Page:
Many young people have misconceptions when it comes to taxes and finances in general. Whether it’s parents passing along misinformation, peers, the internet, or any number of other sources; it’s important to cover your bases so that you don’t end up with a nasty surprise come tax season.
When you start working your first job and making some money, you have a responsibility to understand how it works. Making bad decisions about tax can be very costly. With that said, here are some things that people usually get wrong:
1. If You’re Self-Employed…
Whether you’ve started a lawn care business, or you’re shoveling snow, or you’re fixing computers for family or friends, self-employment gives you the ability to have a flexible schedule which is great when you’re in school.
When you work for someone else, you’ll get a paycheck and a certain portion of your income will be withheld for taxes and other things. When you’re self-employed, however, it’s up to you to put money aside to pay to Uncle Sam (or your local government) when it’s time to file.
If you spend as much money as you make, you’re in for a rude awakening when you end up owing a lot of money on your taxes because you didn’t put any away ahead of time.
So, don’t make this all-too-common mistake.
2. Writing Something Off Doesn’t Make it Free
Every now and then, you’ll hear a new business owner say something like, “Yeah, I was going to get a modest used truck for around $5,000 but I decided to get a brand-new, decked-out one for $80,000 since it’s a write-off.”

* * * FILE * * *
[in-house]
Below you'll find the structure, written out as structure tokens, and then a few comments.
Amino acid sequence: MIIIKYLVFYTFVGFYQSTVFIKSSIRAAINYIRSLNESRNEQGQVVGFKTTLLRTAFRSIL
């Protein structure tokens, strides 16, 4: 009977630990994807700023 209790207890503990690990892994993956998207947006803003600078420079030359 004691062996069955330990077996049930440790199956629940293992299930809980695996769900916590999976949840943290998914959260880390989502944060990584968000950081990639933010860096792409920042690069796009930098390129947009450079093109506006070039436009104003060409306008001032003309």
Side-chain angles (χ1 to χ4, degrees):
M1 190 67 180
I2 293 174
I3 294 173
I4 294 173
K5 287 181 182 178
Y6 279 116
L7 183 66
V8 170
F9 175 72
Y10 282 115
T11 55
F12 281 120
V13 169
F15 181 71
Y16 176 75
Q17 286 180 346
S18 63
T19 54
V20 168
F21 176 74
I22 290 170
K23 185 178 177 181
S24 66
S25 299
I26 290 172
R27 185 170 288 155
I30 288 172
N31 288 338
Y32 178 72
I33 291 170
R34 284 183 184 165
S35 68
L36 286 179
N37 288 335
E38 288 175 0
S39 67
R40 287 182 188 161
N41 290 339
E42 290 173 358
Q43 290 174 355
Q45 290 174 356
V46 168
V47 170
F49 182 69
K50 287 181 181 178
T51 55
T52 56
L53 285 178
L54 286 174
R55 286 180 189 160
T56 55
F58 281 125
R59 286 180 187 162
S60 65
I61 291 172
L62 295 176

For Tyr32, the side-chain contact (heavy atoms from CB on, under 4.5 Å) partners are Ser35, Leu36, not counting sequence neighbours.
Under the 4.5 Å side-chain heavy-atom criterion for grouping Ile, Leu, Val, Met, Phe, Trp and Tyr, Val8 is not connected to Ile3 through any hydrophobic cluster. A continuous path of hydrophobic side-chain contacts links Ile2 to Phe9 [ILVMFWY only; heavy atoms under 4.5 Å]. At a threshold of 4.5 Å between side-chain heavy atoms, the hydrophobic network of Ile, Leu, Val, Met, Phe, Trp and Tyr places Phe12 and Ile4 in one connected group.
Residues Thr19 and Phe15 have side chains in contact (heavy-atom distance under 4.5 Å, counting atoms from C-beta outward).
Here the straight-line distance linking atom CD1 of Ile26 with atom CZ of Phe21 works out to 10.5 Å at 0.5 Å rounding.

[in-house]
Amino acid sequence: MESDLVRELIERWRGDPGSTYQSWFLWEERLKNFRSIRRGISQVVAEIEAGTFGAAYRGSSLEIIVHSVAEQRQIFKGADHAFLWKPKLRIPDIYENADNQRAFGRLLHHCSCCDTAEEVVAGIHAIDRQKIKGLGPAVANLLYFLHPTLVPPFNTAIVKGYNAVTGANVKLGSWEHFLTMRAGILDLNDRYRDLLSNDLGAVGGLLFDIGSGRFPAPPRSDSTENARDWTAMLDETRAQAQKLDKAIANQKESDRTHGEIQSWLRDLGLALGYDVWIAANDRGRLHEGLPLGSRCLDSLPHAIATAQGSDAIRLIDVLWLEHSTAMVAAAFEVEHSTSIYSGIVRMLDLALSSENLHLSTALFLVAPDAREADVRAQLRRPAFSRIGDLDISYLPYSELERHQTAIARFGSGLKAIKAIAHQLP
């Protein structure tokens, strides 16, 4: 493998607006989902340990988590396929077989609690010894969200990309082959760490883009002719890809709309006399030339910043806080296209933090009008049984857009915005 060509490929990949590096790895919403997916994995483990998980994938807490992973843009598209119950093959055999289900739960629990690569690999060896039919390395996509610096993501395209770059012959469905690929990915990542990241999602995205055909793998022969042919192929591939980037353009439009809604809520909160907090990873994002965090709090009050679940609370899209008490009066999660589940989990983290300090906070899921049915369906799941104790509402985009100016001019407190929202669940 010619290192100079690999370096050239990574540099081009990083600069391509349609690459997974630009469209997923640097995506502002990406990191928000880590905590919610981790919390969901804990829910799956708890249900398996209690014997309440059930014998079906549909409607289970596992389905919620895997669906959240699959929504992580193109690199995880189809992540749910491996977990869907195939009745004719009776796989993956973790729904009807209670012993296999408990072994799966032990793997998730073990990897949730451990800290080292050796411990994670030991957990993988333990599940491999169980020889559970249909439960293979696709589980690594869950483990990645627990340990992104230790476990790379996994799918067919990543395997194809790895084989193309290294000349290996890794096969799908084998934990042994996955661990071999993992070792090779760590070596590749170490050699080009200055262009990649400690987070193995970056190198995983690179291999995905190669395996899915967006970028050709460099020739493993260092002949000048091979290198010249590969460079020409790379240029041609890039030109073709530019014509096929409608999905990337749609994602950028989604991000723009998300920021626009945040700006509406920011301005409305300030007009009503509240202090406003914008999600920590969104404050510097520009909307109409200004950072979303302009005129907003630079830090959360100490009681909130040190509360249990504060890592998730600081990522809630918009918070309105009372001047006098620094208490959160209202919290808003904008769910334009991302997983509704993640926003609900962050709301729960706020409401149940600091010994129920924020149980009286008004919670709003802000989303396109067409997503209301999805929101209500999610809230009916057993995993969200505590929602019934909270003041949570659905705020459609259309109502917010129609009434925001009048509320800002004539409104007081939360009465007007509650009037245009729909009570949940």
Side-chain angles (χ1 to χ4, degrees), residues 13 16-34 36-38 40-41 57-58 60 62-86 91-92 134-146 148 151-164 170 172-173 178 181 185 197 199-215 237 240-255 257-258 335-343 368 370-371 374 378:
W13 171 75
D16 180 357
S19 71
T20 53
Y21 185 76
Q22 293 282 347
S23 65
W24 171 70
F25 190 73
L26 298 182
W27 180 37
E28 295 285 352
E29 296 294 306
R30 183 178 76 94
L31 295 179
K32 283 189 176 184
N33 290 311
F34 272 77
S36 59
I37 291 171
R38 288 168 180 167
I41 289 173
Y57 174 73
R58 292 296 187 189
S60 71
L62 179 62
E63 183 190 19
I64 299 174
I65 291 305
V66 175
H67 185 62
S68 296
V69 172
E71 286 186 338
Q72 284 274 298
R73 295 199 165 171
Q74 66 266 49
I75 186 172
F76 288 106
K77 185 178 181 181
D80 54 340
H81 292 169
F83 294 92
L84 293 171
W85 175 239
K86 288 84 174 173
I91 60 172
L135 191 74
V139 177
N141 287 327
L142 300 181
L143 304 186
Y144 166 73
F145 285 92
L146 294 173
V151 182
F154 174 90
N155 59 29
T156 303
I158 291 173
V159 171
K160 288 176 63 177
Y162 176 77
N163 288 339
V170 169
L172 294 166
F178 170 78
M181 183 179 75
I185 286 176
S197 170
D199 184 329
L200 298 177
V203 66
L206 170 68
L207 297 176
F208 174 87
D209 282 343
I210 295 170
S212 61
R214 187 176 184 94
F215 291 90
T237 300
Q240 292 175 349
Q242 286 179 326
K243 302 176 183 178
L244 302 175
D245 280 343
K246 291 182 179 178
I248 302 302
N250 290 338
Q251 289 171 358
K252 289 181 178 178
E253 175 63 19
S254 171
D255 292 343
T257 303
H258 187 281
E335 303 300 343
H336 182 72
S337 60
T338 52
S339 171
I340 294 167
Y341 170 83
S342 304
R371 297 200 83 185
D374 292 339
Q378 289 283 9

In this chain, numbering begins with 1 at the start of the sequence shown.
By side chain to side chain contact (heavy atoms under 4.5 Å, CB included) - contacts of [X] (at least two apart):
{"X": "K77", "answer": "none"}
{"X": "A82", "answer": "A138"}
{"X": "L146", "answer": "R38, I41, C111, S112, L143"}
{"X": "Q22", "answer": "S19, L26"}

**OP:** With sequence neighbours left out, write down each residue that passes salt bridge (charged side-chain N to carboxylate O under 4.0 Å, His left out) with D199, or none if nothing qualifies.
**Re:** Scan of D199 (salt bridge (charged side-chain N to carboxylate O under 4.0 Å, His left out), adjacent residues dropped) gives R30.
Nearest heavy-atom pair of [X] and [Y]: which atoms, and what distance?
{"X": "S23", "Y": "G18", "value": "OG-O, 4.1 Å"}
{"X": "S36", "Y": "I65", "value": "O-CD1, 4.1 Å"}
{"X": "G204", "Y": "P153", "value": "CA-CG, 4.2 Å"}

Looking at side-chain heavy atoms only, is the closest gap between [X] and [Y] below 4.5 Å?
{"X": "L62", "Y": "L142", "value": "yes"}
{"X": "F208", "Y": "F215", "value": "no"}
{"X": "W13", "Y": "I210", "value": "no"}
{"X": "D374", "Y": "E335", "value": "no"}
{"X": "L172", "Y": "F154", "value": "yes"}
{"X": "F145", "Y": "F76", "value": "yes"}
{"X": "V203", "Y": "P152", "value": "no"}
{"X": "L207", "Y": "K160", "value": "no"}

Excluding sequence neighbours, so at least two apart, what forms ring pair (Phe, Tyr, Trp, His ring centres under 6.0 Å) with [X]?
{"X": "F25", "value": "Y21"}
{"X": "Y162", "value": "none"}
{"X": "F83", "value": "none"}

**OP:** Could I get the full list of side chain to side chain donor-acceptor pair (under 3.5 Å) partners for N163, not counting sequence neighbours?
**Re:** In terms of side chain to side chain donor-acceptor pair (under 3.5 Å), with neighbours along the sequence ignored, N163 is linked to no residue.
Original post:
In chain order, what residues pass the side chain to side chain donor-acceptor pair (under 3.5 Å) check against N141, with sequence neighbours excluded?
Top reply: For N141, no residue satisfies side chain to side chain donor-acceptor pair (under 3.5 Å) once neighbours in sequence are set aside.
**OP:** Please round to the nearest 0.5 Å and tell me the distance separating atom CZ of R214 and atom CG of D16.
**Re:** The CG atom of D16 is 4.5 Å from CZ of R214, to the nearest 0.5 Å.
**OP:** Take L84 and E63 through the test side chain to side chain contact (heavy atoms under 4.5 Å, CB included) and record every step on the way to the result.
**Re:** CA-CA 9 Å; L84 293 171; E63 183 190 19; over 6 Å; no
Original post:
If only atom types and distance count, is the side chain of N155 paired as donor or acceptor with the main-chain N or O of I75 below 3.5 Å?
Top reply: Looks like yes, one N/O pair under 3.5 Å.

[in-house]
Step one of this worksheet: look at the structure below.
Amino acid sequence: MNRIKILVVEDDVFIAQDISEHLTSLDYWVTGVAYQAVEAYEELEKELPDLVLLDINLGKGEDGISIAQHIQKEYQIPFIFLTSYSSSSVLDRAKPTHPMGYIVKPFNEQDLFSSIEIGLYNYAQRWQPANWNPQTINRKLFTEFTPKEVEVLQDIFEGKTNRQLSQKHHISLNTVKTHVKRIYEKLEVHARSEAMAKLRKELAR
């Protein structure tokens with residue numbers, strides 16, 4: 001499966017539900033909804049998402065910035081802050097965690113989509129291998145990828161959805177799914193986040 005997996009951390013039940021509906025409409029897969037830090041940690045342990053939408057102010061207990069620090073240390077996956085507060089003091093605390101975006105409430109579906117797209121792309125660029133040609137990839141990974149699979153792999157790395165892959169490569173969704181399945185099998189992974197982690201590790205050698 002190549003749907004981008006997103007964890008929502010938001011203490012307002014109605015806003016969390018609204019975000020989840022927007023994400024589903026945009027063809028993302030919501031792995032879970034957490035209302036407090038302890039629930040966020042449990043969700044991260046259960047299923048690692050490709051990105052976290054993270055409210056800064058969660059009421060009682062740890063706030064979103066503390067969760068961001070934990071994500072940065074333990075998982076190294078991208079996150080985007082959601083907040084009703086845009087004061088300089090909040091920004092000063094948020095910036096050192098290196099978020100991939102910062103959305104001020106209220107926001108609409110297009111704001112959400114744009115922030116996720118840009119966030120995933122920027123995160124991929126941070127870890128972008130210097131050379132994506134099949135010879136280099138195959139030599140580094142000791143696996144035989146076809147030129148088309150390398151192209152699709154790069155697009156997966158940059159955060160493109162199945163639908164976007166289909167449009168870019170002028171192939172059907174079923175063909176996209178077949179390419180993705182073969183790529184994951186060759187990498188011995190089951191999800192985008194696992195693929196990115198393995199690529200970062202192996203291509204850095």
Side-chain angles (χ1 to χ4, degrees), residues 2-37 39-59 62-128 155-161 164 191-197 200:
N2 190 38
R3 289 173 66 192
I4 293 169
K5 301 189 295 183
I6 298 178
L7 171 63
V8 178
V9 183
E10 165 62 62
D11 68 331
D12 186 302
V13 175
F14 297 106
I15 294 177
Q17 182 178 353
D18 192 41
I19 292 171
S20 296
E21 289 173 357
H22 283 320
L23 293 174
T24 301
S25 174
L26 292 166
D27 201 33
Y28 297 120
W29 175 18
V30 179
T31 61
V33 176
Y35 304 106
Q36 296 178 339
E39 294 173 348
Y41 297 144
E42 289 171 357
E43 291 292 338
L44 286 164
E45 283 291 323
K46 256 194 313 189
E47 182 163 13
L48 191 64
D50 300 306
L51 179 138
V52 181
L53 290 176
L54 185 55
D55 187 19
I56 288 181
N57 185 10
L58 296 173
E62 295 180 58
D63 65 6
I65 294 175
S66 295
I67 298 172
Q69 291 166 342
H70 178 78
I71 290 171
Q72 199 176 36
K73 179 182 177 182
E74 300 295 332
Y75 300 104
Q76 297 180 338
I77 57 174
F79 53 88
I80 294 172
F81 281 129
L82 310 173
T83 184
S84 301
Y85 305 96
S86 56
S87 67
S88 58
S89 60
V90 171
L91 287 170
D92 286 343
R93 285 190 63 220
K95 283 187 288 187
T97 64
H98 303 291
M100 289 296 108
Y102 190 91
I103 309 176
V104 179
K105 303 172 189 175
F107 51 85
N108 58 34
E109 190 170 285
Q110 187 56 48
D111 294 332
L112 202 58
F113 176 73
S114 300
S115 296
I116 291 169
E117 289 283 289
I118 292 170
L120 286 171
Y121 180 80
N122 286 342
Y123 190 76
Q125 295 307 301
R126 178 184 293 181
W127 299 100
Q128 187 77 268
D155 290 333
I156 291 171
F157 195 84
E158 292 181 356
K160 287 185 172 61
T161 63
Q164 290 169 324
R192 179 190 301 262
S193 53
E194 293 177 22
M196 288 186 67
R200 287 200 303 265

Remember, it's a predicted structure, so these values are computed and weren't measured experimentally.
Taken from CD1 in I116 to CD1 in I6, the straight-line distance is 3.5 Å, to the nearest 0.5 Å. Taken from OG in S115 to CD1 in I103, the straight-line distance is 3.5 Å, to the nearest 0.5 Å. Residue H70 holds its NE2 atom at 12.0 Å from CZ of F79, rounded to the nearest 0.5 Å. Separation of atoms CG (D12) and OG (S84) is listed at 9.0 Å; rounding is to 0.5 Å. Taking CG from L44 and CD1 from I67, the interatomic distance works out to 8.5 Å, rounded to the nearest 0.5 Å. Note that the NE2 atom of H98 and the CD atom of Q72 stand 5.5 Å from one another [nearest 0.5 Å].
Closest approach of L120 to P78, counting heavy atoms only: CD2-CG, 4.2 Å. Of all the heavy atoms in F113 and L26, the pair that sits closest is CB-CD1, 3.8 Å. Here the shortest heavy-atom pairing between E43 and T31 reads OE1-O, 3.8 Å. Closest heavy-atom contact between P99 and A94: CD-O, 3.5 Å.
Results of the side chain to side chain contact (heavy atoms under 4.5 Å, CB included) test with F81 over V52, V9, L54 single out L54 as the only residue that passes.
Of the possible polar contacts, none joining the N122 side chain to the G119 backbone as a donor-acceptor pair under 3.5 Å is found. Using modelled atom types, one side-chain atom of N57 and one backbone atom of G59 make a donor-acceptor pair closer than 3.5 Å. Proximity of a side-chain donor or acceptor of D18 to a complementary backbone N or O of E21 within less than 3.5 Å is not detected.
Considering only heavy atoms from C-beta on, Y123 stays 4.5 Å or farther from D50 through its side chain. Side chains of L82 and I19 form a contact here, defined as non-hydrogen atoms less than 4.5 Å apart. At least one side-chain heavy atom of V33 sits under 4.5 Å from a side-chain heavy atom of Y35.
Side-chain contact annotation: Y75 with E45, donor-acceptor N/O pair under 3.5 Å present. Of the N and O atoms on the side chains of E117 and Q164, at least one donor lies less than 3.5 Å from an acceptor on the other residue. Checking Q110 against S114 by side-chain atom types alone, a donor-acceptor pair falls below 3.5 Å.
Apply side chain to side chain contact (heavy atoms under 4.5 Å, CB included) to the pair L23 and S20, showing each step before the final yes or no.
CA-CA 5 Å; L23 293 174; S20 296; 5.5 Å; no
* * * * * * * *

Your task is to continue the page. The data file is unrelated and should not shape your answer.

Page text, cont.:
Even if you can write something off against your income, you’re still paying for it, you’re just not paying tax on the income it took to purchase it. You’re not getting a free truck, a free computer, or a free anything. Now, obviously, writing things off is a big advantage of owning a business, but it’s not really going to personally enrich you if you’re being honest on your taxes (which you should always be.)
3. There Are Great Resources to Help You
Don’t be afraid to ask for help when it comes to this type of thing. Many cities have programs to help young entrepreneurs. Some areas have professionals who volunteer their time to help young people with their businesses and taxes as a service to the community, and there are plenty of professionals who can help too.
But how do you know who you can trust? There are all sorts of rating sites that can give you a good idea as a starting point. Online reviews are not the be-all and the end-all, but they’ll definitely help point you in the right direction and give you some insights on who to reach out to and who to avoid. For example, the National Tax Experts BBB has a very high rating from helping people sort out their tax issues.
4. Youth Have To Pay Taxes, Too
If you’re under the age of majority, but still working enough to exceed whatever the exemptions are in your area, you still have to pay taxes. Kids and teens that earn a large enough income have to pay their share, there’s no way around it.
So, being aware of this and planning for it is absolutely crucial. You don’t want to start your professional income-earning life in the hole to the taxman, because it can be very tricky to climb out from tax debt.